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Age of opportunity for home caregivers in Sonoma County

  • Home caregiver Alessandra Accinelili takes client Bill Schank, 88, on long drives to the coast and the redwoods, and he loves visiting the birds like Max the cockatoo at the Bird Exchange near Sebastopol. (John Burgess/The Press Democrat)

About half of all Sonoma County residents over the age of 60 — or 50,000 people — get some sort of paid care at home, from licensed medical care to general assistance with daily living.

Those estimates, from the county's Health Services Department, support a thriving industry that will only grow as baby boomers age.

The job of a home health aide has become one of the fastest-growing occupations in Sonoma County. This decade, the number of home health aides will grow 29 percent in the county, an increase of 340jobs between 2010 and 2020, according to state Employment Development Department projections.

"We're an aging population; we know that we're just going to have an increasing need for in-home care," said Diane Kaljian, Sonoma County's director of adult and aging services.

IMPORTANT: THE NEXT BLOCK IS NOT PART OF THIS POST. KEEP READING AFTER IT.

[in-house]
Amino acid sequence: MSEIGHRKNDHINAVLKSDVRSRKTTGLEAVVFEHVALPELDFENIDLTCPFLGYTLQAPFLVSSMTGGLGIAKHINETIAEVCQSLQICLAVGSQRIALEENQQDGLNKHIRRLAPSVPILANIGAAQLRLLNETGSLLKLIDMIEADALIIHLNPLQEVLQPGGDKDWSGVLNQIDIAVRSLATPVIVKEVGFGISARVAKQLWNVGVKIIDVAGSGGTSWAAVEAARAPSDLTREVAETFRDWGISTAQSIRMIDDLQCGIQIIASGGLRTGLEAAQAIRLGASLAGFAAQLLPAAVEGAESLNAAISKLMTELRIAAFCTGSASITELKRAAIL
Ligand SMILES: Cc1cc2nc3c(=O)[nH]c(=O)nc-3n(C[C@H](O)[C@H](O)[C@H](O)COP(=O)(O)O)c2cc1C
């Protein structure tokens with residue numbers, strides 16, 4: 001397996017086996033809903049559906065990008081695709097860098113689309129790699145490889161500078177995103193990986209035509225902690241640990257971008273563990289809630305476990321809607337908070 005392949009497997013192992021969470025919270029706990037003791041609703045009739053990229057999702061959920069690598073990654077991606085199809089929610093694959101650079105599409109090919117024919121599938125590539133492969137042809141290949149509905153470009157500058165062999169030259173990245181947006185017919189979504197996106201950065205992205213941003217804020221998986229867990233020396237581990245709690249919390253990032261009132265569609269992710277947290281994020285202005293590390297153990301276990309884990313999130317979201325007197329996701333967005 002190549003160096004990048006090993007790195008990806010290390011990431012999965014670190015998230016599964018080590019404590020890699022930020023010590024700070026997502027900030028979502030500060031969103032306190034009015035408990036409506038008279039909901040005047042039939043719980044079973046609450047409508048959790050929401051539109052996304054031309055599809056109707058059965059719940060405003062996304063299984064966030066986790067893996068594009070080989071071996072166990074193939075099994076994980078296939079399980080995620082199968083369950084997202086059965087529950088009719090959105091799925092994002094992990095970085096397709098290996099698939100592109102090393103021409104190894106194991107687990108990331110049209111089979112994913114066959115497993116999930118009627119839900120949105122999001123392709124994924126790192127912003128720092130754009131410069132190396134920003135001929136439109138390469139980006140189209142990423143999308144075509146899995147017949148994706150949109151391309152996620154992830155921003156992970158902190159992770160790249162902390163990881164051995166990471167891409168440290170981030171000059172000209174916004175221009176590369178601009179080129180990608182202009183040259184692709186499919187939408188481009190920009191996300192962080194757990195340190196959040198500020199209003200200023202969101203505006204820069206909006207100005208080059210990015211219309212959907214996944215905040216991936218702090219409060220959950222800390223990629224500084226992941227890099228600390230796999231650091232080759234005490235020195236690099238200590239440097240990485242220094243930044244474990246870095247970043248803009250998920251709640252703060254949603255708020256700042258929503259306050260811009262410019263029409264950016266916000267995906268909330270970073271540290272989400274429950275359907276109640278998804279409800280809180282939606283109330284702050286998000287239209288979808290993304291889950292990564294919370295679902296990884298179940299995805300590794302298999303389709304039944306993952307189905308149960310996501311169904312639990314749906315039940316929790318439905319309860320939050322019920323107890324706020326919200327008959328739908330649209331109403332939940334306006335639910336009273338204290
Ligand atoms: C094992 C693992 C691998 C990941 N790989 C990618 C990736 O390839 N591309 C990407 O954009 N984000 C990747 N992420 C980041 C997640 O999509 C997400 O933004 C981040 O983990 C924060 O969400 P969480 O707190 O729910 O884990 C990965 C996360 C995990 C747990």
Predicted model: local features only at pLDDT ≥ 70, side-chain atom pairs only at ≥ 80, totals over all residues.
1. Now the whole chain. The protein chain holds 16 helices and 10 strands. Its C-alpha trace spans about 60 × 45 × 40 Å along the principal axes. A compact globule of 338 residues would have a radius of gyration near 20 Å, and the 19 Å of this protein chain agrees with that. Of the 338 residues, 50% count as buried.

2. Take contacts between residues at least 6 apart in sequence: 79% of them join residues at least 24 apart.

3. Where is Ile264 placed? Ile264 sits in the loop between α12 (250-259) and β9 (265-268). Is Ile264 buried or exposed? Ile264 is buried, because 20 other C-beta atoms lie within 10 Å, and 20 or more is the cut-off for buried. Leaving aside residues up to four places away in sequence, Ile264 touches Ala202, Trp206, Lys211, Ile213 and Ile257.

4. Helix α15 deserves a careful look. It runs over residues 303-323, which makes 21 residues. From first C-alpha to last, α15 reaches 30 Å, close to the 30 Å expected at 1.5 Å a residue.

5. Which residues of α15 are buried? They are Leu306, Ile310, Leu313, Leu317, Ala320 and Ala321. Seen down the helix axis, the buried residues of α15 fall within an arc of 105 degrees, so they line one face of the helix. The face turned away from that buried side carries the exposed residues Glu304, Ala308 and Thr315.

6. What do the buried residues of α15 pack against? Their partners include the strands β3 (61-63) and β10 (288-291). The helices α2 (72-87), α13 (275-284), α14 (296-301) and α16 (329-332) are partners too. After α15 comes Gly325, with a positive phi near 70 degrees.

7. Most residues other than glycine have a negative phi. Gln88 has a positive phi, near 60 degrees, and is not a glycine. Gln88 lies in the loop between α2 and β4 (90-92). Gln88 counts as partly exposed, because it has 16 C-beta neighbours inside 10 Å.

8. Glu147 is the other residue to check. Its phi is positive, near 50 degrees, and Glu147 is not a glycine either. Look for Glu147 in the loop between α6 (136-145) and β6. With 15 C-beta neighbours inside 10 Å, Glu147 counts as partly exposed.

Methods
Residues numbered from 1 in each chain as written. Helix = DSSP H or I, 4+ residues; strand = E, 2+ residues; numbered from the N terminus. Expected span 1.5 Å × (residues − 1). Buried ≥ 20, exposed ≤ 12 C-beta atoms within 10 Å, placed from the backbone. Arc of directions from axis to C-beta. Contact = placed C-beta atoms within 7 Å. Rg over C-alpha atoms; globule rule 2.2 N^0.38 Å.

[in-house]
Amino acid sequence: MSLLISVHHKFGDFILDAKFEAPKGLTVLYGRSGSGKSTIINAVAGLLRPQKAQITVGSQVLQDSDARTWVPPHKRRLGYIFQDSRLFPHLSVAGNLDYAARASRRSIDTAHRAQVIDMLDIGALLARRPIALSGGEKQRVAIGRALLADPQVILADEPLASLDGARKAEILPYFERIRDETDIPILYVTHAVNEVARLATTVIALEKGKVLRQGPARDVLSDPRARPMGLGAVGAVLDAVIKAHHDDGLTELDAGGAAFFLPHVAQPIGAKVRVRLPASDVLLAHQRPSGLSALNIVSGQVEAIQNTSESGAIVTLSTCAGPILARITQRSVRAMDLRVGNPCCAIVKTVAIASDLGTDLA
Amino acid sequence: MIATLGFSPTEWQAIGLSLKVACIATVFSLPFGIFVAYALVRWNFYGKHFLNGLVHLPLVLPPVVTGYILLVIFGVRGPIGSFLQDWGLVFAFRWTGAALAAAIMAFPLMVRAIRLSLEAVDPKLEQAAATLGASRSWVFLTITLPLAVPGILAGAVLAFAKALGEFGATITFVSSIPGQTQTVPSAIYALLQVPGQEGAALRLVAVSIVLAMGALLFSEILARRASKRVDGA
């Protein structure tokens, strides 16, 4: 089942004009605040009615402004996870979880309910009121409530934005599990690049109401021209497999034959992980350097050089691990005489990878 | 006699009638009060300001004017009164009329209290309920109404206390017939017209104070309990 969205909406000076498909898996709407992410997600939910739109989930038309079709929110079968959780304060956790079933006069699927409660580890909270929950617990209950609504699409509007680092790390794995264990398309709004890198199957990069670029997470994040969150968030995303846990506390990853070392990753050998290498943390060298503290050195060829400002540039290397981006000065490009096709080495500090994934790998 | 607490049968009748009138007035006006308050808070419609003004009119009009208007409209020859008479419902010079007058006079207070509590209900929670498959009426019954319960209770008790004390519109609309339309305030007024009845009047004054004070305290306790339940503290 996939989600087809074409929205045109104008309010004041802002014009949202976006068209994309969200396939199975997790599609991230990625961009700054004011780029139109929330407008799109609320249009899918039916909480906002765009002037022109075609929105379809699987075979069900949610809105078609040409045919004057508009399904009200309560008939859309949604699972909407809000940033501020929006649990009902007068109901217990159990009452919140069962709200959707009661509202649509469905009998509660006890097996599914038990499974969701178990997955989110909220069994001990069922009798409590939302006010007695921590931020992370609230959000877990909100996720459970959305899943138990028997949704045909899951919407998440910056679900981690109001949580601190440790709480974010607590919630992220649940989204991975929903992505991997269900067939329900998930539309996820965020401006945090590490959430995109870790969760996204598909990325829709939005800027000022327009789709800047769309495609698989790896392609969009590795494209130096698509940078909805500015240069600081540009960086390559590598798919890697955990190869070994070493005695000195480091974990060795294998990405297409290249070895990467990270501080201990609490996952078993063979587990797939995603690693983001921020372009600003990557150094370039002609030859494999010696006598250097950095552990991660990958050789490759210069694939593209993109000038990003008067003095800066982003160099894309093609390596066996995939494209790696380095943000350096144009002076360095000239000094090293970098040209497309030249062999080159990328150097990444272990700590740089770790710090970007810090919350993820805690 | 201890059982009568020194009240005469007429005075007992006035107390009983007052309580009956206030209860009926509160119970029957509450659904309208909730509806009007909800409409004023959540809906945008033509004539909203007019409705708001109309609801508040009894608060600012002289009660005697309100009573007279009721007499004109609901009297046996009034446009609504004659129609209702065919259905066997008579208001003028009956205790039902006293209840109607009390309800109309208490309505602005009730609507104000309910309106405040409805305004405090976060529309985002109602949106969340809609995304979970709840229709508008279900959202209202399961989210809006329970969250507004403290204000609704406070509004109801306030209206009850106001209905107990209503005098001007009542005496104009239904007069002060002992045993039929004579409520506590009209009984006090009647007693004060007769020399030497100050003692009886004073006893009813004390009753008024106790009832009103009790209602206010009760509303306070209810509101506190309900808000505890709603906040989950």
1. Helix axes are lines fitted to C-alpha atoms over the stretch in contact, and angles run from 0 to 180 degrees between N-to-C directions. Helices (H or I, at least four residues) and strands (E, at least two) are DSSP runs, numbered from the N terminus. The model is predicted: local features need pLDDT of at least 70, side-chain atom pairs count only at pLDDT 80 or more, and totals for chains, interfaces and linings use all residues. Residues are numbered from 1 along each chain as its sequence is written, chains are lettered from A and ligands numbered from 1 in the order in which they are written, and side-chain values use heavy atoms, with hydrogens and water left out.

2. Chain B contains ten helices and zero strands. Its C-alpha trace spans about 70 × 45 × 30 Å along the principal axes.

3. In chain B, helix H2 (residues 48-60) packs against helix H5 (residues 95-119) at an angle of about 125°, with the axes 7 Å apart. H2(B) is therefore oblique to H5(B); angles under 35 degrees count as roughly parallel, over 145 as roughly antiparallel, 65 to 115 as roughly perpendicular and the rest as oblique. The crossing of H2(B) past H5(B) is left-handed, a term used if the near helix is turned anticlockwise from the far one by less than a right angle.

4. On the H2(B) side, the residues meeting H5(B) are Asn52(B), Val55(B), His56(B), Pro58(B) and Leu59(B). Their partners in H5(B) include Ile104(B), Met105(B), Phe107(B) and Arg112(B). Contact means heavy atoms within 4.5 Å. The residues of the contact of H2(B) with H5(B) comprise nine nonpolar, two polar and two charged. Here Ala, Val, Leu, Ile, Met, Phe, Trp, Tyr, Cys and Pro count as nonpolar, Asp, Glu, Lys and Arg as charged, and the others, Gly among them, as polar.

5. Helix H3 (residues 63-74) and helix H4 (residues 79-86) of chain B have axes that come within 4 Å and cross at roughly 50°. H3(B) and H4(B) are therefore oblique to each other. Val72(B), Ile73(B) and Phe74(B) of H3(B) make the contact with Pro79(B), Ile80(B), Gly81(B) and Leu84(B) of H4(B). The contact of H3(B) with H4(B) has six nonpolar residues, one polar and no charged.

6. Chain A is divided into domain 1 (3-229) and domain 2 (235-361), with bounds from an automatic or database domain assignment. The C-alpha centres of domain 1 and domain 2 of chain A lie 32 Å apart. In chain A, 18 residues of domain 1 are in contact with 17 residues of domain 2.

Today, one in seven Sonoma County residents is 65 and older. By 2030, in what has been dubbed the "silver tsunami," that share will grow to one in four people, according to the U.S. Census Bureau.

"There's enough there for everybody, absolutely," said Sharon Grinnell, a nurse who started Home Health Care Inc. in Santa Rosa in 1980. "Demographically, this is a good business for another 30years."

Several different categories of workers have emerged to help care for the county's aging residents.

There are more than 1,160 people now employed in Sonoma County as home health aides, providing care that includes basic medical procedures such as injections and dispensing medication, up from 460 in 2001. Not all are at agencies like Grinnell's; some work in assisted-living homes and others are independent contractors.

That job sector doesn't include in-home supportive services, or IHSS, providers who are paid by the state. They handle things ranging from personal hygiene assistance to helping with transportation, but no medical tasks.

IHSS workers — some of whom are family members getting reimbursed — serve 1,571 Sonoma County residents over 65, according to the county Health Services Department, which oversees the program locally.


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